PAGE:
I think we may finally be getting to the bottom of the economic slide. What is needed now is for broadcasters to take advantage of the many good ideas out there and aggressively go after online opportunities, mobile and retans. But they must resist the temptation for quicker and easier fixs and cut too deep into staff and operations or they will make it impossible to bounce back.
Maybe it has something to do with the good vibes generated by YouTube sensation Susan Boyle, but I’m choosing to feel good about the TV station business as we head into NAB week.
We’re getting past the worst.
For the past several months, broadcasters have been freaking out because their revenue was melting away and they had no idea where the bottom was. Now we do, or at least I think we do. It’s right around now.
We surveyed a dozen GMs from around the country and the consensus was that ad revenue would be off 15-20 percent this year, but that core spending would start ticking up somewhere in the fourth quarter.
There were just two dissenters from the consensus, and one of them thought he would be back in the black in August. That’s the spirit.
Despite the small sample, I’m confident in the results of the survey. The revenue forecast jibes with what the experts have been telling me.
The broadcasters understand what is happening to them and they have taken action. They have cut costs, mostly by laying off people and operating more efficiently. I’m hearing more and more about news sharing arrangements. Why send two crews to a routine press conference when one will do? Does every station in town really need a helicopter?
Broadcasters are also relearning the lost art of prospecting for business. The business was so easy for so long, broadcasters had forgotten how to cold call small businesses in town and sell them on broadcast TV.
Stations all seem to have some kind of business-development programs aimed at attracting clients that have never or rarely used TV before. And from what I hear, they are having great success. Neither the spot rates nor the cost of producing TV commercials is as daunting as they used to be.
Now if only the TV reps could match the local efforts with some prospecting on their own among the national spenders.
The new business may not replace all the dollars from auto, but it doesn’t have to. TV stations are developing new revenue streams.
Network affiliates, at least, can now count on 20 cents or a quarter each month in retransmission consent fees from every cable and satellite home in their market. That adds up and it wasn’t there three years ago.
TV stations have also begun tapping the Web for additional revenue, and there is a lot more there. The problem is, other local media — newspapers, radio stations, Yellow Pages, startups — are all eyeing the same local online dollars. It’s going to be a wild scramble over the next few years to see who claims them.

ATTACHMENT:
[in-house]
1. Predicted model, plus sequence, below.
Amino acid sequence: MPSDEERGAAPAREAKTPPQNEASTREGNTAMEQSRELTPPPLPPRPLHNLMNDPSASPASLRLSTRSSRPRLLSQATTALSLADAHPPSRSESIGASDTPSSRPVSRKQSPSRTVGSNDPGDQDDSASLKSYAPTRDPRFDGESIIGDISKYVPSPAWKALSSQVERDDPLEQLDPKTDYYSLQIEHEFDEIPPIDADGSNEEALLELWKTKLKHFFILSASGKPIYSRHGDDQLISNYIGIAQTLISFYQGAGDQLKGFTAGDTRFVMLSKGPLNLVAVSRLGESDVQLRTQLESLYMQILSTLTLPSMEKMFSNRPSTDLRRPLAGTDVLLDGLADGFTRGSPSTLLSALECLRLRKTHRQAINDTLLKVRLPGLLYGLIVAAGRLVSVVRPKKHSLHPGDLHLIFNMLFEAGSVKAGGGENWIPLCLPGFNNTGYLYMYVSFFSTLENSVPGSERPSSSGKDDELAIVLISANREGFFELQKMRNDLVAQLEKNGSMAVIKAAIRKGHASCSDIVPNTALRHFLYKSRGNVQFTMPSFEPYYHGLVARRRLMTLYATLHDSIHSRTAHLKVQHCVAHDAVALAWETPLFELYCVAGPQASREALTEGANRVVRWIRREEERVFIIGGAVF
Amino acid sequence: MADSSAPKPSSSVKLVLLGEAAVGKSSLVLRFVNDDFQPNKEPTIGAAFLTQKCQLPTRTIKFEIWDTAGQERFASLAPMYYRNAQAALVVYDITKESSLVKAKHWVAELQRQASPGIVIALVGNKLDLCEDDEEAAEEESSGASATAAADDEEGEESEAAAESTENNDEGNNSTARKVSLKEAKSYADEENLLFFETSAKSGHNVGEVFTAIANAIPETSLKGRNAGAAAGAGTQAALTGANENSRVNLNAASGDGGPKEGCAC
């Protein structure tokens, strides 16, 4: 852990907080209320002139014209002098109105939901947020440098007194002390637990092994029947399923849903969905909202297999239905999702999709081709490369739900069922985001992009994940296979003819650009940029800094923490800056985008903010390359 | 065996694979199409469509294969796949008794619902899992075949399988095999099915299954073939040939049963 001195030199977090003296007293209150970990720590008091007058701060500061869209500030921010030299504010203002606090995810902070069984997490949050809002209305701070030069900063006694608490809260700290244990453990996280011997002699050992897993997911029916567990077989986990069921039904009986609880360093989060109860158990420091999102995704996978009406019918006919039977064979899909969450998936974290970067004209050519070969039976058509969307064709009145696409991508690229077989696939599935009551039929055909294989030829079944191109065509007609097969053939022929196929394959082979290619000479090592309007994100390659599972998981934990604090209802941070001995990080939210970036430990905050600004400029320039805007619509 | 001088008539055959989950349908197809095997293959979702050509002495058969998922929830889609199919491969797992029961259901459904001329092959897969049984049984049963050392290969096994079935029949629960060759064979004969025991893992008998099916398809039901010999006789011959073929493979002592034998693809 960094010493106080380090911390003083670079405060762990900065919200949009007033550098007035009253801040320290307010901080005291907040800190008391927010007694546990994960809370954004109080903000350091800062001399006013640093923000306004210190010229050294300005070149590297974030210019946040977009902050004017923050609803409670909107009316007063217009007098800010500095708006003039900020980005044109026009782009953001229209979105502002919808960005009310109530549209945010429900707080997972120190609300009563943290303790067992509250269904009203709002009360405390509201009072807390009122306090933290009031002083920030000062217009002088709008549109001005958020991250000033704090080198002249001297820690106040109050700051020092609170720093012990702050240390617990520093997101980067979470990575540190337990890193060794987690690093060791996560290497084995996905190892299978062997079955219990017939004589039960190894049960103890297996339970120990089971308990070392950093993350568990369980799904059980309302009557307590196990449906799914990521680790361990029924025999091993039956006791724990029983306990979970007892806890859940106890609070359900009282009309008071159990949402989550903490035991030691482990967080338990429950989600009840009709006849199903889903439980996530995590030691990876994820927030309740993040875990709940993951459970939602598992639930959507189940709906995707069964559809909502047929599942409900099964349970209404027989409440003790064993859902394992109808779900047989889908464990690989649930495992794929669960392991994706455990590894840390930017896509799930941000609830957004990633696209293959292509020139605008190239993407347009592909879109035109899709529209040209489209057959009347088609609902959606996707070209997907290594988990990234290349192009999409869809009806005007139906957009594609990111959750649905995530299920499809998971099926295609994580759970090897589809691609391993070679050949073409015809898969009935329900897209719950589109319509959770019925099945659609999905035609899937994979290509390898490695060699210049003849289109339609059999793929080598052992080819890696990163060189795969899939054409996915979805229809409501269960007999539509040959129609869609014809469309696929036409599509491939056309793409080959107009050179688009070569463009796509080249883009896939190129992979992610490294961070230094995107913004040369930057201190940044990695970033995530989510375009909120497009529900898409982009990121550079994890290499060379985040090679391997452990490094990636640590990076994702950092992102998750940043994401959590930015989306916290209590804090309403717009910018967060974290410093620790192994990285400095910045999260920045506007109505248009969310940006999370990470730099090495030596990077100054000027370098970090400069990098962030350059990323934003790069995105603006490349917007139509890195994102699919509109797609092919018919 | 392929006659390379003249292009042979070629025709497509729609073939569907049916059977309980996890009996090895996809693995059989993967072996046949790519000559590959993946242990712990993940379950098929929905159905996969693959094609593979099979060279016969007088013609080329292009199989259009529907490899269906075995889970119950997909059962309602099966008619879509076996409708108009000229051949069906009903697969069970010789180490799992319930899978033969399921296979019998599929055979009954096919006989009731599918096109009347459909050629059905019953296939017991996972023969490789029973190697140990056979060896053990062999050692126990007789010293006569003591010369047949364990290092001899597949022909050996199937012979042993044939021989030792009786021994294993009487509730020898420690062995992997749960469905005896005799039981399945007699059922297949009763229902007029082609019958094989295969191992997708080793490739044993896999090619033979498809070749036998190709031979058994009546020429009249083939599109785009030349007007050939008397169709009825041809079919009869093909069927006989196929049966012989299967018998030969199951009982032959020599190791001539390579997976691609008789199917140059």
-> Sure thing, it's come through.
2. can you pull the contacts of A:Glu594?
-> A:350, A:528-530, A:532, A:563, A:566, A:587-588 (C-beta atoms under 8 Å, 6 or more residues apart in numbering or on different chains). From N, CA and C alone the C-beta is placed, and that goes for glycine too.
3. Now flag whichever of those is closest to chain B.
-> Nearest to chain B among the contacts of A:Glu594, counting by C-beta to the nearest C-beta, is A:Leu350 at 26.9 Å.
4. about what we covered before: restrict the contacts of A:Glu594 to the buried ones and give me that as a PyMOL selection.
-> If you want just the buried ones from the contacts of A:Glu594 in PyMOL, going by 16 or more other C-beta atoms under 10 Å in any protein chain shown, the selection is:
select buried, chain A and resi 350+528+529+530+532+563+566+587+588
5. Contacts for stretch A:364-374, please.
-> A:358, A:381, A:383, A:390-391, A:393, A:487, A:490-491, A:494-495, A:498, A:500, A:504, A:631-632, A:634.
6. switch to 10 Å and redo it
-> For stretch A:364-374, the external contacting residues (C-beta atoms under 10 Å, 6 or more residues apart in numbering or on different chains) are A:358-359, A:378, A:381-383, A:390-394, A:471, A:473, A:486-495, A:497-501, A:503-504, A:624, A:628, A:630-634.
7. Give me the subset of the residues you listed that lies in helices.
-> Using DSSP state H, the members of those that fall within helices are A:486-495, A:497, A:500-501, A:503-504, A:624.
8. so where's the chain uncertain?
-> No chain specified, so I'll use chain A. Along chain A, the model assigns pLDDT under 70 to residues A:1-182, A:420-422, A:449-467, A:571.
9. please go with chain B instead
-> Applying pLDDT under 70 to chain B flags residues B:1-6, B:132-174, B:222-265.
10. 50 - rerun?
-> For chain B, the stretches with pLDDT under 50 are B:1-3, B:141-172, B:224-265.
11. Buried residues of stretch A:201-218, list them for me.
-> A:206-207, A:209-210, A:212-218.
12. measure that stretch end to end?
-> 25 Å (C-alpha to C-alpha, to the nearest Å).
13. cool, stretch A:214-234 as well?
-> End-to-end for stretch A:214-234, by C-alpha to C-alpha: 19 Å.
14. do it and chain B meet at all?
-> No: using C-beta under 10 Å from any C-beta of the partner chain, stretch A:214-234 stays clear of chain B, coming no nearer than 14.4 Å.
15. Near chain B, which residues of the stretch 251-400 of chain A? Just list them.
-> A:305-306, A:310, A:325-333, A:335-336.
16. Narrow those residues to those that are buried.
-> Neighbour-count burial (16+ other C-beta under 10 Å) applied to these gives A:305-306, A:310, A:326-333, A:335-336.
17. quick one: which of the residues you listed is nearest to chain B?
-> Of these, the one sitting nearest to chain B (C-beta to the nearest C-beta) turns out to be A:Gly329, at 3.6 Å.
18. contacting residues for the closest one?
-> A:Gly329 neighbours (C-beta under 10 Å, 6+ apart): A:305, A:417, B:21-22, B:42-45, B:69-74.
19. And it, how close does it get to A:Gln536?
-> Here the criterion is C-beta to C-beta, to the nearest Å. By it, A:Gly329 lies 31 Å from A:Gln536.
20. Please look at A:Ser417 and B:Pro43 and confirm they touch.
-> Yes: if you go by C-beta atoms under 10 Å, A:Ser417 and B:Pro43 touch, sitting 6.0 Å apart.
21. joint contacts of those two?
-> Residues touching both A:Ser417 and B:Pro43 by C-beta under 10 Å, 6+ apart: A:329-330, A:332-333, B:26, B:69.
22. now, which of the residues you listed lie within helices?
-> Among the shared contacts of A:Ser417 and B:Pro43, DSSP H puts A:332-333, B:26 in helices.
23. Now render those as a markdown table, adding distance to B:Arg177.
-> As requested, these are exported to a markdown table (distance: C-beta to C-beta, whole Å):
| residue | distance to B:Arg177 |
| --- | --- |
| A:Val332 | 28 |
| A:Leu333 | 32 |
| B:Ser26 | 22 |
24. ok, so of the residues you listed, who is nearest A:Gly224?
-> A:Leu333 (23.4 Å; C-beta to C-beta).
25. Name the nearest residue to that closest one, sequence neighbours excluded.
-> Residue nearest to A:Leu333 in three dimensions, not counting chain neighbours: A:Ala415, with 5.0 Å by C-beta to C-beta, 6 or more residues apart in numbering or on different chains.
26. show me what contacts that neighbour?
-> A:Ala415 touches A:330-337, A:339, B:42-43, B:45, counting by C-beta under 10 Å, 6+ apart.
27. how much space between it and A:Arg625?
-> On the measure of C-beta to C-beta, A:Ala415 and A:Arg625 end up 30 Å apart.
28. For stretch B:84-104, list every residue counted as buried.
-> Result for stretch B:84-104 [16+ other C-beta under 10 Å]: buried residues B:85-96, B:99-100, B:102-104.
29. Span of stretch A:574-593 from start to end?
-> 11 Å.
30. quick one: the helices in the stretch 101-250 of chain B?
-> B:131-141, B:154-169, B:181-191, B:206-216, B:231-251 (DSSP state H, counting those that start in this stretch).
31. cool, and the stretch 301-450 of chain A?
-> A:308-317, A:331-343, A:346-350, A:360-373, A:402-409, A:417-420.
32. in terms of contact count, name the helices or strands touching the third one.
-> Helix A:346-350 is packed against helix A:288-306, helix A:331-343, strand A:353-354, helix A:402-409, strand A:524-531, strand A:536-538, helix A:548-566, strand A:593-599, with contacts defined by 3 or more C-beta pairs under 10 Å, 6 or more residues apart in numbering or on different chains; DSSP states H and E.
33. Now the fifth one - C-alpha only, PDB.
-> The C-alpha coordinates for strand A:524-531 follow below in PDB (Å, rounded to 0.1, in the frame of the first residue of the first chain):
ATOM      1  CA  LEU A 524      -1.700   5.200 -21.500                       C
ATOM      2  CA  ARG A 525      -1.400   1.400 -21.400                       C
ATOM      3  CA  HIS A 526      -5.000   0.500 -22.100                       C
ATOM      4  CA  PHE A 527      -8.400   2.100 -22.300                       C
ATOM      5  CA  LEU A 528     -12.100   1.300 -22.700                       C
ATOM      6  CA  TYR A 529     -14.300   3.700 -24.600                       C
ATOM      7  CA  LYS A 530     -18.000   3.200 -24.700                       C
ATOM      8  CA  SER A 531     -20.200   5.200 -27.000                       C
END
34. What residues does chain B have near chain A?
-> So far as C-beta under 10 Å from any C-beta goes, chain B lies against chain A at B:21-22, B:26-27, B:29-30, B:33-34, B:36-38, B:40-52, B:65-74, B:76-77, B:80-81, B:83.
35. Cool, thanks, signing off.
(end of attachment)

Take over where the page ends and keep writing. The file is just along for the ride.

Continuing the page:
Perhaps the most promising opportunity for TV stations is mobile. This could be the killer app of DTV, the return on all the millions stations poured into new transmitters, antennas and towers as they made the transition to digital.
It radically changes the basic arithmetic of TV. It’s no longer about 114 million TV homes; it’s about twice as many people equipped with their own portable TV sets. Stations will be able to expand their audiences without much cost or effort — a rare and beautiful thing.
Broadcast TV will be able to reach every young person in America the way AM and the transistor radio did in the early 1960s. TV will be hip again.
The media pundits who want to bury broadcasting point out that broadcast ratings continue to fall in just about every daypart. That’s true.
But it’s all relative, isn’t it?
Broadcast shows outdraw cable shows several times over. The No. 1 primetime show in broadcasting last week (American Idol on Fox) attracted nearly four times the audience of the No. 1 primetime show on cable (WWE Raw on USA).
And the cable audience is badly fragmented across hundreds of channels. The Big 4 broadcast networks on a good night deliver 40 percent of TV homes. It would be a challenge to replicate that reach in cable. How many cable networks would you need to get to that percentage? Can you efficiently buy them?
Each week, the Television Bureau of Advertising puts out a list of the week’s top 100 TV shows in the key 18-49 demo. Know how many cable shows were on it for the week ending April 12? Two. ‘Nuff said.
So, have no doubt, broadcasting will live long and prosper.
But that doesn’t mean that all broadcasters out there will. Some TV stations and groups may yet perish before this nasty recession finally peters out. Like that Darwin fellow used to say, it’s the survival of the fittest.
In the competitive media world of the near future, there may not be room for more than one or two TV news outlets in a market. That’s not bad news, unless you happen to be No. 3 or No. 4 in the ratings.
I suspect that in the rush to appease investors and bankers during this downturn that some station owners and managers have badly damaged their businesses. By cutting too deep into staff and operations, they have made it impossible for their stations to bounce back with the rest of the industry.
And to tap the new revenue streams of the Web, you are going to have to be smart and aggressive. Sorry. Not all broadcasters are.
Many of the people running the broadcasting business today have been through this before – -the mid-1970s, the early 1980s, the early 1990s, the early 2000s.
The business bounced back each time. It will do it again — at least one more time.
Harry A. Jessell is editor of TVNewsCheck. You may reach him at [email protected].